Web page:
Federated Indians of Graton Rancheria
Our History as a Federally Recognized Indian Tribe
A group of Rohnert Park residents opposed to the proposed development of a destination resort just west of Rohnert Park by our Tribe, the Federated Indians of Graton Rancheria (“Tribe”), recently prepared a report arguing that Congress erred in restoring our Tribe’s federally recognized status. The group, which calls itself the Stop the 101 Casino Coalition and is led by the Reverend Chip Worthington, claims that our Tribe is not really an Indian tribe and that Congress was duped into restoring our Tribe’s federally recognized status. The group believes that Congress should have instead required the Tribe to satisfy the rigorous criteria required of Indian groups seeking federal recognition for the first time under the BIA’s federal acknowledgment process (“FAP”). Even if the Tribe had successfully navigated the FAP process, the group argues that at least the Tribe could not engage in tribal gaming on its lands without the concurrence of the Governor.
The most obvious problem with the group’s thesis is that federal recognition and federal restoration are legally distinct processes. Federal law prohibits tribes, such as ours, whose federally recognized status was terminated by Congress, from seeking recognition through the FAP. Neither Congress nor any other branch of the federal government has ever required terminated tribes to satisfy the FAP criteria and demonstrate their existence as continuously operating historic political entities from the time of non-Native settlement to the present.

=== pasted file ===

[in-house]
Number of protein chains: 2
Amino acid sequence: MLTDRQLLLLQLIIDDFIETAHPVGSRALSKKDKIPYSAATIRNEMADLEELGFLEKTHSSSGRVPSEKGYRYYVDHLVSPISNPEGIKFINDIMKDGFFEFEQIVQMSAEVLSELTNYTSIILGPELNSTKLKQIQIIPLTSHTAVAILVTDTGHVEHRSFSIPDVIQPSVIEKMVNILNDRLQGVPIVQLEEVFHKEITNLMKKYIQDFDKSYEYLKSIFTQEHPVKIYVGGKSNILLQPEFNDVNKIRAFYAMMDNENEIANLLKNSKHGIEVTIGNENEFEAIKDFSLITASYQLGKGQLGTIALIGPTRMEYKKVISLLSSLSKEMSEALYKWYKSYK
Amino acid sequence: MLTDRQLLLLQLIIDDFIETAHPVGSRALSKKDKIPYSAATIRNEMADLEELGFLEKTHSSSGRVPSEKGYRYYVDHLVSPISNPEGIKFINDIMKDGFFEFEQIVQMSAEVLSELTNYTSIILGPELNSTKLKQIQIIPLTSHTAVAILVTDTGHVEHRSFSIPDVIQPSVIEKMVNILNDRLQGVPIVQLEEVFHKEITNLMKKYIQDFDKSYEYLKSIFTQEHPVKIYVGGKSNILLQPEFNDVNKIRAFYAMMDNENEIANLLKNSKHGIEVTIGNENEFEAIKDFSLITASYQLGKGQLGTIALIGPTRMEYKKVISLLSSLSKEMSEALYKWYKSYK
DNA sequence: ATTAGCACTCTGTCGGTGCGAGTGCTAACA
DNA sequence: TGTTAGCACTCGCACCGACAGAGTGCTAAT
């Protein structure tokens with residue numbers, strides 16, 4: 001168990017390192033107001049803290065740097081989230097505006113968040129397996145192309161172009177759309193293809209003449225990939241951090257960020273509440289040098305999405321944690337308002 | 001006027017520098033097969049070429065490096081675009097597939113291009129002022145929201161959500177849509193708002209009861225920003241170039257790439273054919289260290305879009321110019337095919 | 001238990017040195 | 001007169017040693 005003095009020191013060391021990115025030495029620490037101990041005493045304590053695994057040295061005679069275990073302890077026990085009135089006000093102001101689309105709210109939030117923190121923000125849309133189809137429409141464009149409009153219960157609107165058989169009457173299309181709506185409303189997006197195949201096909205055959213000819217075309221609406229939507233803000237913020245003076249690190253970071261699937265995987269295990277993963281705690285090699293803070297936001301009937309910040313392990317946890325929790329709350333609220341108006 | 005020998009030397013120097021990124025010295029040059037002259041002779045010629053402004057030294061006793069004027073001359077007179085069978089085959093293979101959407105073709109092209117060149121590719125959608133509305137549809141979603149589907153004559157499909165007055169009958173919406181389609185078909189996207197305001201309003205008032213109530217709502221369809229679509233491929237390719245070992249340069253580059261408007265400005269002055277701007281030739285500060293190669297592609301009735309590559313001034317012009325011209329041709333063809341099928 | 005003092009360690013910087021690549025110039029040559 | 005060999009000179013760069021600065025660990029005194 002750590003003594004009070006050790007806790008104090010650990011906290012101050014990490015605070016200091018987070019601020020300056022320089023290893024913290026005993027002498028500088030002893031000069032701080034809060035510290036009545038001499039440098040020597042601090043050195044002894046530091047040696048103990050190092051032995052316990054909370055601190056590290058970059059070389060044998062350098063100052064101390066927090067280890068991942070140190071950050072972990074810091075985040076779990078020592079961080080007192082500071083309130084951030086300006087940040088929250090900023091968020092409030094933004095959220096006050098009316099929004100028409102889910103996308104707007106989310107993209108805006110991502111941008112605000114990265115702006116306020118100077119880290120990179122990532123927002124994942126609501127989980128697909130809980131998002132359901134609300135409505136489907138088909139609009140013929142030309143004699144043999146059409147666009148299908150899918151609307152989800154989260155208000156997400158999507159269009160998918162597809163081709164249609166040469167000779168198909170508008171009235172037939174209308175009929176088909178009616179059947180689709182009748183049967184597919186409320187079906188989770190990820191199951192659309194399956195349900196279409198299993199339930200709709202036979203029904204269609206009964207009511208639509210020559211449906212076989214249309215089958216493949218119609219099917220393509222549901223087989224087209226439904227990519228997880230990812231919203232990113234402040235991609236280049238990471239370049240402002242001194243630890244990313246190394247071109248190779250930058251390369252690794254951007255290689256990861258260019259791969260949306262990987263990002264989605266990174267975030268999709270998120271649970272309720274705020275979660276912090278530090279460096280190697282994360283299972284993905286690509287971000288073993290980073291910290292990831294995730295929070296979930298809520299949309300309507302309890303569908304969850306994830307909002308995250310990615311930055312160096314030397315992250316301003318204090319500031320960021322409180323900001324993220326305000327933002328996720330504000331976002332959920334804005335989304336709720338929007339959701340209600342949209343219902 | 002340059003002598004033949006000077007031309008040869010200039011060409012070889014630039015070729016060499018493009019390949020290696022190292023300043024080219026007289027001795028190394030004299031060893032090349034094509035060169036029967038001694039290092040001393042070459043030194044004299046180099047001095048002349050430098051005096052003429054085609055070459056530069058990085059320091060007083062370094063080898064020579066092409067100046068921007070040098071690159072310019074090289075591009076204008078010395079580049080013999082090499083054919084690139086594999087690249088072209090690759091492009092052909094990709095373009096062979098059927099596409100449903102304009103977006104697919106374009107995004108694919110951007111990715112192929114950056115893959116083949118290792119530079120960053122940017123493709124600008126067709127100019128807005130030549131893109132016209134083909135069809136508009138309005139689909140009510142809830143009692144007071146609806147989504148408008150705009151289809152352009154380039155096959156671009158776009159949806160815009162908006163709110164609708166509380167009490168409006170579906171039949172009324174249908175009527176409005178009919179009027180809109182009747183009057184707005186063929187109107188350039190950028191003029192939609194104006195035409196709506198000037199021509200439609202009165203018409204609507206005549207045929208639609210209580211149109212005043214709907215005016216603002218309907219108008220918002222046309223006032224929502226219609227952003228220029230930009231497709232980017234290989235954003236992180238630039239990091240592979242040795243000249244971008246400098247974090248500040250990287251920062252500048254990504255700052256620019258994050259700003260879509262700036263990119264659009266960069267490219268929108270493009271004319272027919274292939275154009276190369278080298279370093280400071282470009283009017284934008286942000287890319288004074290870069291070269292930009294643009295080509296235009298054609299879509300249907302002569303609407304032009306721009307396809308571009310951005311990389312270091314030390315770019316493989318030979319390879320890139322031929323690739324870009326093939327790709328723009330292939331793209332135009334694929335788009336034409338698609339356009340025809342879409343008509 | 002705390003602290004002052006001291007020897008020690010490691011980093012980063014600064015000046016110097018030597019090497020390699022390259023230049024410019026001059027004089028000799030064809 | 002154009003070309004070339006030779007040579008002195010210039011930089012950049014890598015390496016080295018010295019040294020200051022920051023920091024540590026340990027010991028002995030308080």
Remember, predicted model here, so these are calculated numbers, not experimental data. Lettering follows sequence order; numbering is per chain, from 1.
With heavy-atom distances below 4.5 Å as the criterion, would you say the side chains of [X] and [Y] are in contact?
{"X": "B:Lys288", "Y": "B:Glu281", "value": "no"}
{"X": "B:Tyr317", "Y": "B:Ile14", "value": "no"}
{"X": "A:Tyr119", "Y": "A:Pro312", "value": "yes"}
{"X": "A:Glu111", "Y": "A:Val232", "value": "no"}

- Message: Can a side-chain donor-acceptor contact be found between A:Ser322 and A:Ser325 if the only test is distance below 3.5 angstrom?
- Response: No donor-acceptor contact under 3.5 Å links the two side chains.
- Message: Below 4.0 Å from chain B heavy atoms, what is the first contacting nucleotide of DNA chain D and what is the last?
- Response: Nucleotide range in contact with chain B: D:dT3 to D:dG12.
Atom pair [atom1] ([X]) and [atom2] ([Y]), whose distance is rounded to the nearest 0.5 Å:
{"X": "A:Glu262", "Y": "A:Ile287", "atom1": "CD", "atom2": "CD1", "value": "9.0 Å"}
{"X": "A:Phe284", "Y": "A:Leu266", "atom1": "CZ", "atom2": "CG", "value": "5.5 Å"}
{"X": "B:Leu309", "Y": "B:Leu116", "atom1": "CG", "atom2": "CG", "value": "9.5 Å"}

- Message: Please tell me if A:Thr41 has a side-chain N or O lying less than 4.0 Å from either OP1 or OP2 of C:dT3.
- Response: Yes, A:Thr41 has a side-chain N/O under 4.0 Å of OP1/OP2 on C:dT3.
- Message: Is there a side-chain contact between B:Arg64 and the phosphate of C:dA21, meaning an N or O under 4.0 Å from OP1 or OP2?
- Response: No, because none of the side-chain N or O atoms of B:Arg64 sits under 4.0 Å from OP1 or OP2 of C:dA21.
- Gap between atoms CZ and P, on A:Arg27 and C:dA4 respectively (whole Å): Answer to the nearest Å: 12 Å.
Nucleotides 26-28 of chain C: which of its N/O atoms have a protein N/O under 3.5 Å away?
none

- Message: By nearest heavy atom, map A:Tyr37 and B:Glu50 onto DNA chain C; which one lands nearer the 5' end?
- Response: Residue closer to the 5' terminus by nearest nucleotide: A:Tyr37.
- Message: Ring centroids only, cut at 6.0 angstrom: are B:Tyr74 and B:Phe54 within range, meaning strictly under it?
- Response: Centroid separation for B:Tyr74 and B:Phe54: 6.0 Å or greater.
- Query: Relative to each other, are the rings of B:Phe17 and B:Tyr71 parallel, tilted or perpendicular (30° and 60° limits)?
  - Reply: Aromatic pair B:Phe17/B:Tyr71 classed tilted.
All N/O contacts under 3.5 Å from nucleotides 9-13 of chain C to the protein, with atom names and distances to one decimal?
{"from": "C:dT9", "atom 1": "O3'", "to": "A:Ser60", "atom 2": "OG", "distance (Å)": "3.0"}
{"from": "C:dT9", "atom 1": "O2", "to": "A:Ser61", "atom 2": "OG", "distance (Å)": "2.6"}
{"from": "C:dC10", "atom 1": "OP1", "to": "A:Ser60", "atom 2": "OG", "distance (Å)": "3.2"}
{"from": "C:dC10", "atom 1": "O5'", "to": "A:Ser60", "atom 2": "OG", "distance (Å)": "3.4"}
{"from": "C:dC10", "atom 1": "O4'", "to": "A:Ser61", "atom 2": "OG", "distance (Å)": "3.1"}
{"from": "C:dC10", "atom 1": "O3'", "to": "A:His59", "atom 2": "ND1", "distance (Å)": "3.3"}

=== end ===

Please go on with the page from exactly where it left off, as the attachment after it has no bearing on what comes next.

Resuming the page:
On the other hand, federal gaming law treats restored tribes and newly recognized tribes in similar fashion, such that neither is required to obtain the concurrence of the Governor in order to game on their restored or newly established reservations. Thus, the group’s argument that the Tribe avoided the FAP process in order to circumvent the federal process requiring the Governor’s concurrence is incorrect and nonsensical.
The other problem with the group’s analysis is that it fails to acknowledge or recognize the crucial role which California history has played in explaining our Tribe’s ability to continuously function as a governmental entity. That unkind history led to the creation of the California rancheria system and was a key consideration in the subsequent restoration of the Graton Rancheria and other California rancherias. Thus, documents cited by the group indicating that most of our members did not reside on the Graton Rancheria and that the few who did appeared to have agreed to the termination of the Tribe’s federal trust status have been taken out of context and are largely irrelevant. Similarly, the absence of documentation showing the existence of a formal tribal government on the Graton Rancheria or the fact that, prior to the arrival of non-Natives to the area, Southern Pomos and Miwoks were separate tribes, do not discredit our status as a tribe in any manner.
See 25 U.S.C. §2719(b)(1)(B)(ii) and (iii).